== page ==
For devices like our DVR, that is where the Harmony Power State tracking comes in. It keeps track of when it sends a power toggle and what state it thinks it is in (i.e. on or off, not Ohio or Florida.) If things did not work, you press help and it tries again. If it still didn't work, the LCD will prompt you with questions, starting with, "Did that fix it?" If "No", it starts with the most likely candidate, which will be devices that do not have discrete on/off or input codes. In our case, it always asks, "Is the PVR on?" You answer, "No" and it tries to turn it on.
This feature makes the remote more user friendly, but it is not always necessary. In my case, it is fairly unnecessary. For a remote like the URC R50, if you have discrete codes for everything, you simply trigger the same macro again. Anything on stays on, and anything off turns on. For that toggle only DVR... well, trigger the macro again and everything stays on, but the DVR toggles on.
This feature sometimes gets in the way. We (mostly my wife) prefers to use the factory DVR remote to watch TV. When you do this, it throws off the Power State Tracking. What it last knew was off has been turned on with another remote. The "Help" assistant will fix things for you, but it can be annoying.
Activities vs. Devices
Even if you don't streamline your activities like I have, especially if you don't create buttons for commonly used codes, you may find yourself needing to access other devices. This would be the equivalent of reaching for your TV remote to adjust the picture while watching a movie.
Conveniently (and another thing I do like), the button below the LCD generally toggles between Activities and Devices. From in an activity, press it once and you are presented with your devices. Locate your TV, adjust your picture, then press that button again to return to the activity. For a task like this that is uncommon, and something you don't want everybody in the household monkeying with, this works out perfectly.
My experience suggests that the 700 is very average here. Compared to anything else out there, it does no worse at getting the IR signals to the devices. Unfortunately, I've been spoiled by the MX-500, which could shoot through blankets and sometimes pillows. This can mean the difference between having to aim or simply pecking at the remote while it lays next to you (or under the covers with you.) IR strength is important to successfully executing macros as well - remember, URC makes professional remotes for custom installs.
This remote does work well. In my opinion, this should be an $80-100 remote, mostly because of the 6 device limitation, cheap feel and charging via USB port. $120 isn't horrible, but the regular $150 price is absurd. Although I'm not a fan of the software, it does the job and it is simple (too simple in some ways.) But you get the same software, regardless of model. The non-LCD Harmony 300 is $50. What do you get for another $100, besides 2 devices and an LCD, if you're not getting better quality?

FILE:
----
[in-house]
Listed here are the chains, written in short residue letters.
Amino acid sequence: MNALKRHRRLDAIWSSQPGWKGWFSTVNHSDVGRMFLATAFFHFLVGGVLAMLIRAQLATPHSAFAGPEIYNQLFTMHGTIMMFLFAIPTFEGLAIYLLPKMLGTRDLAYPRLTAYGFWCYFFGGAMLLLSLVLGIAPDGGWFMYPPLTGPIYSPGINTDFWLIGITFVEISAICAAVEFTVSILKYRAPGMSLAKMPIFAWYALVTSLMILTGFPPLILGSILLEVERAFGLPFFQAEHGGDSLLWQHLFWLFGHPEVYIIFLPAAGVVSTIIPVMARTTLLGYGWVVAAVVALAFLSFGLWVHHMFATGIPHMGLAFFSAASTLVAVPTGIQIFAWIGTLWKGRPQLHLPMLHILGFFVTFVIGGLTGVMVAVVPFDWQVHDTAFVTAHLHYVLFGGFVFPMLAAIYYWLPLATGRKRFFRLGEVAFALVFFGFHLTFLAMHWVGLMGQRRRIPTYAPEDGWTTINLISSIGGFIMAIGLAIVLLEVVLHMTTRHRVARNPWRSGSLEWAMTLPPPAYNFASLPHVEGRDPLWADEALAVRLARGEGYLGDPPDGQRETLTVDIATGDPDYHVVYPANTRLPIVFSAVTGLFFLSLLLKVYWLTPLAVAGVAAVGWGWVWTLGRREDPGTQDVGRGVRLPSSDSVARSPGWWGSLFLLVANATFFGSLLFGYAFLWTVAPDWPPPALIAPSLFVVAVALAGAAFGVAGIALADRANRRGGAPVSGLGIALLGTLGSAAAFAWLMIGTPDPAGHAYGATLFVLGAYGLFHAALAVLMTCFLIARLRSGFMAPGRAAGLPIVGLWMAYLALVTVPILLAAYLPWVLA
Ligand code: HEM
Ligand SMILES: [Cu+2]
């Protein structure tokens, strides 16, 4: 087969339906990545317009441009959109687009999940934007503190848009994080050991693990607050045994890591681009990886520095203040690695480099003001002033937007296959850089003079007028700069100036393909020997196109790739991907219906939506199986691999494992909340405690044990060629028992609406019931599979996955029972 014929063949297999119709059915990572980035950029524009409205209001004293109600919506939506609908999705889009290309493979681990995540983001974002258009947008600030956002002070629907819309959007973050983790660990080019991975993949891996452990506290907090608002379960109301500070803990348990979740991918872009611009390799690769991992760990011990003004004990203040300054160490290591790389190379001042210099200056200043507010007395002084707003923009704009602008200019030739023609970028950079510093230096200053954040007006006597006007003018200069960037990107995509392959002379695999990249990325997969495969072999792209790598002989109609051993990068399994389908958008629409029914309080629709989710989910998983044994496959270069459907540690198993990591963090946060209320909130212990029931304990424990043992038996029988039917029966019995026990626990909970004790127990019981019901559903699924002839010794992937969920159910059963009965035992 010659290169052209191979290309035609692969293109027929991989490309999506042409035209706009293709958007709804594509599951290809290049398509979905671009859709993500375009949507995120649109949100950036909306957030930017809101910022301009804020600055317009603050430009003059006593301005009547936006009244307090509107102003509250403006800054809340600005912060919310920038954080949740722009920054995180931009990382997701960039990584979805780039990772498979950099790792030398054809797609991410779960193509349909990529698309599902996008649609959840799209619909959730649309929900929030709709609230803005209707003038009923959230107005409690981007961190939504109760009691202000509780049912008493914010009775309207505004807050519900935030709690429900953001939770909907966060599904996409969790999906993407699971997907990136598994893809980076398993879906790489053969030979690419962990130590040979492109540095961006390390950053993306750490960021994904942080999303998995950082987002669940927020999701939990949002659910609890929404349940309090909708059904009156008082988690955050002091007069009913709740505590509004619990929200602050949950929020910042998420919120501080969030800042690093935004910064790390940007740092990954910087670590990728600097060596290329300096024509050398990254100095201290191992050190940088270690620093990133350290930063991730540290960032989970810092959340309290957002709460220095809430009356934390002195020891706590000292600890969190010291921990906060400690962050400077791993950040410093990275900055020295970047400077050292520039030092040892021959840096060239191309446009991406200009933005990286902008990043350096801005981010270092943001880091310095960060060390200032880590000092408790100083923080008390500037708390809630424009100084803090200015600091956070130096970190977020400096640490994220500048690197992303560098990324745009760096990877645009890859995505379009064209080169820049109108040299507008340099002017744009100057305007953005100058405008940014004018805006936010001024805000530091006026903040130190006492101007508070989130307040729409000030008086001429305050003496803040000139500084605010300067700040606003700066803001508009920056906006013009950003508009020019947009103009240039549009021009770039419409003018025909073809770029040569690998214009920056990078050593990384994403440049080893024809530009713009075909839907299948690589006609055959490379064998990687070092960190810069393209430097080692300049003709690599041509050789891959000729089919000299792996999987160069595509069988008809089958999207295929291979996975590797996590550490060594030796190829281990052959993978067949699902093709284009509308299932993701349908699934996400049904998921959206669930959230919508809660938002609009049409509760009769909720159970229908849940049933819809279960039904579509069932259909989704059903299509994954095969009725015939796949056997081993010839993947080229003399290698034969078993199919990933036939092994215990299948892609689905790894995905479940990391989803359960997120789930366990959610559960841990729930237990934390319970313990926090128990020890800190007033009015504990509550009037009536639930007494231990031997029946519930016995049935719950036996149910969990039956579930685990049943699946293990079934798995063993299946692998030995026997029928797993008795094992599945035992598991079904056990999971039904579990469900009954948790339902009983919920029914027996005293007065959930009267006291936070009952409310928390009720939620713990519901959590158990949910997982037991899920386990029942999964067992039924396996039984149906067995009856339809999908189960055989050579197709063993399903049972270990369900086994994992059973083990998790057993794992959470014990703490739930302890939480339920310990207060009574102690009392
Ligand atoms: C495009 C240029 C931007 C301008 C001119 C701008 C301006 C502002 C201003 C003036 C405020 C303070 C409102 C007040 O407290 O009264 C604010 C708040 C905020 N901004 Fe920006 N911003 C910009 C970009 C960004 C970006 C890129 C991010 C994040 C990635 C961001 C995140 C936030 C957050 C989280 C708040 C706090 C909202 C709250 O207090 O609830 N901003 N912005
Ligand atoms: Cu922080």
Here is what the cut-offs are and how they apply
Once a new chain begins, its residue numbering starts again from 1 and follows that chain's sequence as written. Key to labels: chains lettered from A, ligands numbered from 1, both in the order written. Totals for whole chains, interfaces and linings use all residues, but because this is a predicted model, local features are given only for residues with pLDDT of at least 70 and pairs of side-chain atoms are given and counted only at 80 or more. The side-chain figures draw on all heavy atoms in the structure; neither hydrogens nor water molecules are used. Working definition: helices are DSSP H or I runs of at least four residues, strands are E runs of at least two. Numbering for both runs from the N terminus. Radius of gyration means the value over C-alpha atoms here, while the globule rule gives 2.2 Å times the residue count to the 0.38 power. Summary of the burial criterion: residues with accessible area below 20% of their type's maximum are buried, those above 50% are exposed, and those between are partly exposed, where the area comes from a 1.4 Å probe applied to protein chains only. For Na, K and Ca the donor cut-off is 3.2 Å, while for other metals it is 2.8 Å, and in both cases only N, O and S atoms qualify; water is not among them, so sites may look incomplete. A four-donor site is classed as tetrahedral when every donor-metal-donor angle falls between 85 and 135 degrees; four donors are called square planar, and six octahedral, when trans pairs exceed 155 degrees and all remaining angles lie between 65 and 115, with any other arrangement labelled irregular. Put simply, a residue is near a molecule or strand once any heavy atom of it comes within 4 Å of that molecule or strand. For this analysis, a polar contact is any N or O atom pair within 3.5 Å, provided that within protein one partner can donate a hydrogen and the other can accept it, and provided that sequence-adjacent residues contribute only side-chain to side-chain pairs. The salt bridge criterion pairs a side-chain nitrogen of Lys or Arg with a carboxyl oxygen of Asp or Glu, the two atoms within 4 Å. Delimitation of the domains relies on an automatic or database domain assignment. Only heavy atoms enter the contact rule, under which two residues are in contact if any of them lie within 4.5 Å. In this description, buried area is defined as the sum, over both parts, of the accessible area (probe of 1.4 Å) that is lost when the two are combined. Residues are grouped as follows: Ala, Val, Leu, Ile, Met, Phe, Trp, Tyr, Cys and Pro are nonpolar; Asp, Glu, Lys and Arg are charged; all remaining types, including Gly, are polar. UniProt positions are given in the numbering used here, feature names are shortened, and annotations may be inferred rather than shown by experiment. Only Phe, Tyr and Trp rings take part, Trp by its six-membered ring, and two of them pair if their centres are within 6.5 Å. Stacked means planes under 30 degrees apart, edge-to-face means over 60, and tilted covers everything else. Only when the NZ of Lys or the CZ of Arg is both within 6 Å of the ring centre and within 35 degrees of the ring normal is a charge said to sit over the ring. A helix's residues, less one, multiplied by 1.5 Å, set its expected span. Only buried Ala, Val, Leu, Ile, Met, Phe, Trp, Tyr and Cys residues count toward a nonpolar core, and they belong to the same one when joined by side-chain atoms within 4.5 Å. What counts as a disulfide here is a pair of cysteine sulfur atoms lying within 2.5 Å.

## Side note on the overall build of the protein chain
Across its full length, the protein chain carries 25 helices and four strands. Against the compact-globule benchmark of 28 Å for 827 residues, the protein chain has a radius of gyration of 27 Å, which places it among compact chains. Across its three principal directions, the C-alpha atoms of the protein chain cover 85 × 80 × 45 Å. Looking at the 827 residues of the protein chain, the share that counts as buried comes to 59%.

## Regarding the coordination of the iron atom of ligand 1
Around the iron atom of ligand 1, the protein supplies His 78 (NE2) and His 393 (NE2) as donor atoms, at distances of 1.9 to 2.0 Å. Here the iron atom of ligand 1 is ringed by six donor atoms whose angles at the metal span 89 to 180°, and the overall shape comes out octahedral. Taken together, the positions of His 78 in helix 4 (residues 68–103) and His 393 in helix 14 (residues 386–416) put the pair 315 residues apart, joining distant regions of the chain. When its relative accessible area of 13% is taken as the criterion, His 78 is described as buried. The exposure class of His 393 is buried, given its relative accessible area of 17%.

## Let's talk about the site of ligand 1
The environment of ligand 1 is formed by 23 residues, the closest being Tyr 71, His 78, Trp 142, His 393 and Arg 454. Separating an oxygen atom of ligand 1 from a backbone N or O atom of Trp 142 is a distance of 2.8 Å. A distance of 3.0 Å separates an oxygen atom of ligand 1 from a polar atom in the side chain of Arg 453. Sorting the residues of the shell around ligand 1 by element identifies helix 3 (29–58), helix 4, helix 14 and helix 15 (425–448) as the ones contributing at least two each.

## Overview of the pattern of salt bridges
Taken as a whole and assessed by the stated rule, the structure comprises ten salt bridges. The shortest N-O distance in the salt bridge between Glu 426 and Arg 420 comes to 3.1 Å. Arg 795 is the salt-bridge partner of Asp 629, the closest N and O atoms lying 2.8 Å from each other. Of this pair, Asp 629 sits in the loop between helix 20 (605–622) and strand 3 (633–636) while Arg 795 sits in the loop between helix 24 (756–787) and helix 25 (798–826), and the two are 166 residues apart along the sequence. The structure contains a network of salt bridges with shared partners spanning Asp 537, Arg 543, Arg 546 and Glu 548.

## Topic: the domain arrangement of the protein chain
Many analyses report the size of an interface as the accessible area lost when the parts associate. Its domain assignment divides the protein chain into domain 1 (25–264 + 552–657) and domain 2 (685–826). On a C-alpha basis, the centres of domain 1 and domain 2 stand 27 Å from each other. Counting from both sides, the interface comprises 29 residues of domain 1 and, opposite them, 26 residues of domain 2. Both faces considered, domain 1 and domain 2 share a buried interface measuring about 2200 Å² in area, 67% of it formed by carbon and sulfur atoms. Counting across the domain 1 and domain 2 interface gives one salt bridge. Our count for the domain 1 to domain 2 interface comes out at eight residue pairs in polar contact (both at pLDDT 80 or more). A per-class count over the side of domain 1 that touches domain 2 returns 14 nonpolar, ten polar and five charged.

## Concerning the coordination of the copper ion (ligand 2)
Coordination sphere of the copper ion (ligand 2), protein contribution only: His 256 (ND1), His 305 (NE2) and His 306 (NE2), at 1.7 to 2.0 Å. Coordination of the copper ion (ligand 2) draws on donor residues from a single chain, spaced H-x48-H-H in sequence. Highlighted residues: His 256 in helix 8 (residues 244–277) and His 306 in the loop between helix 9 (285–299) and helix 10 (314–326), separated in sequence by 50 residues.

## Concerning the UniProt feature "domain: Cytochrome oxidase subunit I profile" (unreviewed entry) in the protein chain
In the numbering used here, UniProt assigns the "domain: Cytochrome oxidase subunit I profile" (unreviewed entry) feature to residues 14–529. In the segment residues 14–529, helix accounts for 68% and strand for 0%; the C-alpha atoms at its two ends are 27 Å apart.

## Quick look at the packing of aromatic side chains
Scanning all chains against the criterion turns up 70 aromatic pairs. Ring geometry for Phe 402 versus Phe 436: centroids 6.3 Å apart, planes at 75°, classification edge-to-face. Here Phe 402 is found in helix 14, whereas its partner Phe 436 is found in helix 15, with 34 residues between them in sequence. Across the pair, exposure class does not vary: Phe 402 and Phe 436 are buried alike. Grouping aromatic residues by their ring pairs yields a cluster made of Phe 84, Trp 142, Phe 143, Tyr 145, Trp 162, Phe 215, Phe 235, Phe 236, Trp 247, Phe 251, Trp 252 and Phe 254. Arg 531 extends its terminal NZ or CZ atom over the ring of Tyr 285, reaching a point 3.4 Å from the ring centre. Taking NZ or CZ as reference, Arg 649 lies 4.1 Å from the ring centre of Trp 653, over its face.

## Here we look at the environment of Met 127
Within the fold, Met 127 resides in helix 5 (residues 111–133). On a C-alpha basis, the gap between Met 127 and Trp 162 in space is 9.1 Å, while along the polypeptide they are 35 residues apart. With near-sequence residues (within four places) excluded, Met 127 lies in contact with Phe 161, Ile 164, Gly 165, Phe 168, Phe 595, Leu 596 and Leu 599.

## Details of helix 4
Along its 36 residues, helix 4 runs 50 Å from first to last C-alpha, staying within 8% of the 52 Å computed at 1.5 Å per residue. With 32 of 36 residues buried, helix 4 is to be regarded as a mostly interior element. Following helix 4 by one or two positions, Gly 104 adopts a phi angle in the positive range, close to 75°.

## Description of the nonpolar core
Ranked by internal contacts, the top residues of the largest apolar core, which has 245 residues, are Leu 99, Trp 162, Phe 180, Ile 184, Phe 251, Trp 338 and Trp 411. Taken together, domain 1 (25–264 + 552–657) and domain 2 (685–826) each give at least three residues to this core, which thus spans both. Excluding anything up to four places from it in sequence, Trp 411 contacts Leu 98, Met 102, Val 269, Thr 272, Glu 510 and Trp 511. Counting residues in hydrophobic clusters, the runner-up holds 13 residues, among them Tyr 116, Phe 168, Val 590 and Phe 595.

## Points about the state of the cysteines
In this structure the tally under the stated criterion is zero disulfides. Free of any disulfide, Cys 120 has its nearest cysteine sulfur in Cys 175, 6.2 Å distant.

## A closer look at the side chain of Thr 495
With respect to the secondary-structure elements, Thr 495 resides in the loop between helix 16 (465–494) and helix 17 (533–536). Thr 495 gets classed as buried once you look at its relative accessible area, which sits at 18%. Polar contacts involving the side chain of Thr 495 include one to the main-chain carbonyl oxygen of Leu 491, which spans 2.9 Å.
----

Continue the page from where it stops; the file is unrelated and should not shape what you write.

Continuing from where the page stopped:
The software is somewhat limiting, but not to the point that most people would notice. It does greatly simplify setup to the point that just about anybody could get a "good enough" experience out of a Harmony remote. Where it is lacking is in tweaking, where their user friendly interface hides advanced features or altogether omits them. You have some control to optimize "macros", but you cannot manually build them or tweak them directly. Non-geeks will appreciate it, while some (not all) geeks will find it restrictive. It is also far too dependant on the internet.
Overall, even with the shortcomings, this remote would serve many people very well. If nothing else, it isn't intimidating. It may perhaps even be inviting in appearance. And that is worth something. My wife approved, and that is worth something as well. Chances are, most people will go through the basic setup, be done in 45 minutes, and be content with the intial results.
Compromises such as the 6 device limit will not be a issue for some. It is not as robust as any remote I am accustomed to, but you might expect some amount of fragility from any remote featuring an LCD. Unfortunately, there are not a lot of alternatives out there. The URC R50 is a worthy contenter in my opinion, with what appears to be a relatively simple intial setup. It is the more advanced settings, particularly macros, that you will need some patience with.
Now, you'd think I'd get the R50 and be done, but I'm trying the Harmony One next. The build quality felt better on the floor model and it does have a Lithium Ion battery and support for 15 devices. It too is not worth the usual $250 price, but has been on sale online for $160. That's a price I could swallow, and so its on its way here. I'm weighing compromises myself here and I'm torn. It practically came down to me asking my wife, "Which one is looks better?"
P.P.S. I would say I wish there was a remote with the quality and flexibility of the URC R50, and the PC programmability of the Harmony remotes, but there is. There's a few made by URC, like the MX-810, but that model sells for $400. There's the middle ground Pro MX-450; the big brother of the R50. It is PC updatable, with macro editing, but not PC programmable and costs $250.